“The media’s evacuation of the human through the image has to be understood, though, in terms of the broader problem that normative schemes of intelligibility, establish what will and will not be human, what will be a livable life, what will be a grievable death. These normative schemes operate not only by producing ideals of the human that differentiate among those who are more and less human. Sometimes they produce images of the less than human, in the guise of the human, to show how the less than human disguises itself, and threatens to deceive those of us who might think we recognize another human there, in that face. But sometimes these normative schemes work precisely through providing no image, no name, no narrative, so that there never was a life, and there never was a death.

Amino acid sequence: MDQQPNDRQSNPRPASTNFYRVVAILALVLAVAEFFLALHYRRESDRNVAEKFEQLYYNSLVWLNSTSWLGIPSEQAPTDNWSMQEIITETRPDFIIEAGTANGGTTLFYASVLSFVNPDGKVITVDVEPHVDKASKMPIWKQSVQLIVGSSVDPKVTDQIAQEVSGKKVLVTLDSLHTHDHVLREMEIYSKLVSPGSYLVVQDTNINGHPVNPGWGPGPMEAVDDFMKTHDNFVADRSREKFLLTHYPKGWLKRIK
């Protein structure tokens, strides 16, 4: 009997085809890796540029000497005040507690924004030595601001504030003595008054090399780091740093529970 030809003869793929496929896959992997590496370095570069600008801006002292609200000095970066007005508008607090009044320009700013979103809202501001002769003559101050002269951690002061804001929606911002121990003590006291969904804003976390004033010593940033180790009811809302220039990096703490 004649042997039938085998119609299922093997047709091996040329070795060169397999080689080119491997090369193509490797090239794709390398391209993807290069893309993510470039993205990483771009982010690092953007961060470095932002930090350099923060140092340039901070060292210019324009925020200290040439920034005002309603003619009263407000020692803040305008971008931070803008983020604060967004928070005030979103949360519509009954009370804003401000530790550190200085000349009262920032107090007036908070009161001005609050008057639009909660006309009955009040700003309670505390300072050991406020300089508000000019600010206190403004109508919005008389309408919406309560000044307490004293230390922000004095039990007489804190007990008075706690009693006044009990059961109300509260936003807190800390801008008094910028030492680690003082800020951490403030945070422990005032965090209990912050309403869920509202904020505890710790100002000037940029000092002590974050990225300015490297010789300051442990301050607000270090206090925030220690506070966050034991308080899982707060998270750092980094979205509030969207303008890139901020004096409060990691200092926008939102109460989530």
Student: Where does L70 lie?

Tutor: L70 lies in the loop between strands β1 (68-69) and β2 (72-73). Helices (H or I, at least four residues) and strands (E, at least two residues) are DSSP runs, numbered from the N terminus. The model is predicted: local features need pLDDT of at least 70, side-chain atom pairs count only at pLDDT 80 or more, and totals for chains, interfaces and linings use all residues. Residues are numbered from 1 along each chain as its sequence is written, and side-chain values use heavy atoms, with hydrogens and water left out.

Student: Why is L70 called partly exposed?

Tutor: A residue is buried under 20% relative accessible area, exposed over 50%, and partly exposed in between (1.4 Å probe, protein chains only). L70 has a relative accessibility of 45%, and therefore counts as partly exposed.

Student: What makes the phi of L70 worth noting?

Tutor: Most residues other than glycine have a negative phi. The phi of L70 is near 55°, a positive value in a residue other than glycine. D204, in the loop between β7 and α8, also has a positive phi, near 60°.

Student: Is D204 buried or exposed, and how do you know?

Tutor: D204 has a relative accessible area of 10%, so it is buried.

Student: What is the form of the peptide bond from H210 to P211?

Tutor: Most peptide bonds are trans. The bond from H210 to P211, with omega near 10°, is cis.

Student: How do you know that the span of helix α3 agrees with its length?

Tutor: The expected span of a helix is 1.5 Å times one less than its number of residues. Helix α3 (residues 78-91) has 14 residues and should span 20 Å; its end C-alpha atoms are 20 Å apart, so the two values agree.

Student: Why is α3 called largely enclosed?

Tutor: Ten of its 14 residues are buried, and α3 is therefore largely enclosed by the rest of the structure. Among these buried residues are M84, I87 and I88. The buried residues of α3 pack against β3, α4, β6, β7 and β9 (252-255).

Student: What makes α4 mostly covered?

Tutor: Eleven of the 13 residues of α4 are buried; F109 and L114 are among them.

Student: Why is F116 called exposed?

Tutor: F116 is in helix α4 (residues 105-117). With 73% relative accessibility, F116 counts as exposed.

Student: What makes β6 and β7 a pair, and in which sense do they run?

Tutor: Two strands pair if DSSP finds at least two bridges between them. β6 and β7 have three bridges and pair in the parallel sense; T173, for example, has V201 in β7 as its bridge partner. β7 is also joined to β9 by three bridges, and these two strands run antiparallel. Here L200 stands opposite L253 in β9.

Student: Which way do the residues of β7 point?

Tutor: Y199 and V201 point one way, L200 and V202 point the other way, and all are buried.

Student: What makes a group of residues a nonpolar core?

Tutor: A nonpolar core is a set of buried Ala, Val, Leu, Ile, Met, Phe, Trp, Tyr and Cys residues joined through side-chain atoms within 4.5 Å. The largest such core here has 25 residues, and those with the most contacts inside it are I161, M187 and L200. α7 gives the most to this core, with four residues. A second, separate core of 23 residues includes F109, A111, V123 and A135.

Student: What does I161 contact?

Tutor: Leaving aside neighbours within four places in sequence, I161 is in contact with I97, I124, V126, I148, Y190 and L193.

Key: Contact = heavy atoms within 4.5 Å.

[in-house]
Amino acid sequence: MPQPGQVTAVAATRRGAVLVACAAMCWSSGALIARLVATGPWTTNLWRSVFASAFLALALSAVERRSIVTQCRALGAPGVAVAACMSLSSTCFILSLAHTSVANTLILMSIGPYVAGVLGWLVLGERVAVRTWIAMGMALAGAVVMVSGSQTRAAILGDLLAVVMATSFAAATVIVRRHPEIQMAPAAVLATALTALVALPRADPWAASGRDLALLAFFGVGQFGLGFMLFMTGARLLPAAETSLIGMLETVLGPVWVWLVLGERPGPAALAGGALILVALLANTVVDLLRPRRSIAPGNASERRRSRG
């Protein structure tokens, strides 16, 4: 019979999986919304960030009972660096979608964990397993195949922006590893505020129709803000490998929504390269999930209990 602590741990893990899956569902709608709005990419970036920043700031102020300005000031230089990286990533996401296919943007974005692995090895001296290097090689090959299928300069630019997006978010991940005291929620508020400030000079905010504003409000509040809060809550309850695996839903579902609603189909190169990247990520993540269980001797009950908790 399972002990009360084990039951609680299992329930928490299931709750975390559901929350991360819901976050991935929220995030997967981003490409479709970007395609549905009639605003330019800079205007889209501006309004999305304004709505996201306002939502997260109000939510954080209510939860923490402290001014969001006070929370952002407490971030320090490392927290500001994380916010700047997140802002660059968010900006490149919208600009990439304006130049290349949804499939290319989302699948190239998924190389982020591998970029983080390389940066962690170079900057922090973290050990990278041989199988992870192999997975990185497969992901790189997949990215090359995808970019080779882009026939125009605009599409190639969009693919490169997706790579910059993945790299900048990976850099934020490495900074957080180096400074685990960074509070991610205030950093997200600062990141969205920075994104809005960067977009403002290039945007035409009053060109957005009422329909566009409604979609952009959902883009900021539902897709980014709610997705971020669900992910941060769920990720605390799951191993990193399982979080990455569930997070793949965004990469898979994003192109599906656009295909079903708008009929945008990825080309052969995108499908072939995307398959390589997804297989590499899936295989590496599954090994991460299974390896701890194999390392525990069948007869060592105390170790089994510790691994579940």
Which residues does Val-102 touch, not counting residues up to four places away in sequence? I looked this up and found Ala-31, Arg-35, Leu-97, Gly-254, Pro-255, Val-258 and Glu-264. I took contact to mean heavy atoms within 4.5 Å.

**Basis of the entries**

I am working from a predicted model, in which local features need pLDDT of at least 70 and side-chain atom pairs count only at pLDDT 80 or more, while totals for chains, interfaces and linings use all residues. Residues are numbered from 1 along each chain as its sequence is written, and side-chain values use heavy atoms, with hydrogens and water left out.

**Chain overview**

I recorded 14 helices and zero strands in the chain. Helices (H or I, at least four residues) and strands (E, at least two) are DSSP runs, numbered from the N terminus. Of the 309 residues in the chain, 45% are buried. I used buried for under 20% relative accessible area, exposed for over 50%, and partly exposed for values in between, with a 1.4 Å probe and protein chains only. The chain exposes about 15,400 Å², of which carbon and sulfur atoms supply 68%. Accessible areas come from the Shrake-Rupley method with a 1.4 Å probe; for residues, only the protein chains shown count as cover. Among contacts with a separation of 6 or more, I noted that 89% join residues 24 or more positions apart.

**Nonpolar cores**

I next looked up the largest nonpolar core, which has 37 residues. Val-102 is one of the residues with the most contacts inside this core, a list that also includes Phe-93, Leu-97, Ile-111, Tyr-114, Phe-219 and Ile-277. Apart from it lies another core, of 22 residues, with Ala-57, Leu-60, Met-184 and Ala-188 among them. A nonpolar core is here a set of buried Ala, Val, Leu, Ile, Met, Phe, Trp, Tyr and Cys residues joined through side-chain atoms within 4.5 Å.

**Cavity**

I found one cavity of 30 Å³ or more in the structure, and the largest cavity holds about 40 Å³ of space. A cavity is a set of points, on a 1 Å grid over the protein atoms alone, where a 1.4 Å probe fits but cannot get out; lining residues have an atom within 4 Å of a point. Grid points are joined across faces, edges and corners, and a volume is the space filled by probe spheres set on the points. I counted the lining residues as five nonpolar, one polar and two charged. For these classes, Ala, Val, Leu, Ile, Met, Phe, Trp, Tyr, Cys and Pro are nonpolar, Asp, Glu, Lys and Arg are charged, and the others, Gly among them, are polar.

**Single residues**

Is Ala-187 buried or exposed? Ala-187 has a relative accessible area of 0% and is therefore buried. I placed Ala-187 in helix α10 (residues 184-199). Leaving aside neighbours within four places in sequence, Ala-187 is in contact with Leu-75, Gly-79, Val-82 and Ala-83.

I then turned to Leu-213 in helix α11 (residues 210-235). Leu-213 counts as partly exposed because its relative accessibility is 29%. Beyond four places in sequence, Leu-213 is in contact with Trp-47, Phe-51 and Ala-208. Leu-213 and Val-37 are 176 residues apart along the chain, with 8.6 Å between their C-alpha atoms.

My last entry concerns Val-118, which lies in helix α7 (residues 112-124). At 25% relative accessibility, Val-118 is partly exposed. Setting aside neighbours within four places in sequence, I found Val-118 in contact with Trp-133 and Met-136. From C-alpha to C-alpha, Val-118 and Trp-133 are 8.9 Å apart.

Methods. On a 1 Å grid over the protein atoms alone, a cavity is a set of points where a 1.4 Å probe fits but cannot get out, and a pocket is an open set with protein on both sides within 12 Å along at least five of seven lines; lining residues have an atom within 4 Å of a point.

These are two distinct forms of normative power: one operates through producing a symbolic identification of the. face with the inhuman, foreclosing our apprehension of the human in the scene; the other works through radical effacement, so that there never was a human, there never was a life, and no murder has, therefore, ever taken place. In the first instance, something that has already emerged into the realm of appearance needs to be disputed as recognizably human; in the second instance, the public realm of appearance is itself constituted on the basis of the exclusion of that image. The task at hand is to establish modes of public seeing and hearing that might well respond to the cry of the human within the sphere of appearance, a sphere in which the trace of the cry has become hyperbolically inflated to rationalize a gluttonous nationalism, or fully obliterated, where both alternatives turn out to be the same. We might consider this as one of the philosophical and representational implications of war, because politics-and power-work in part through regulating what can appear, what can be heard.”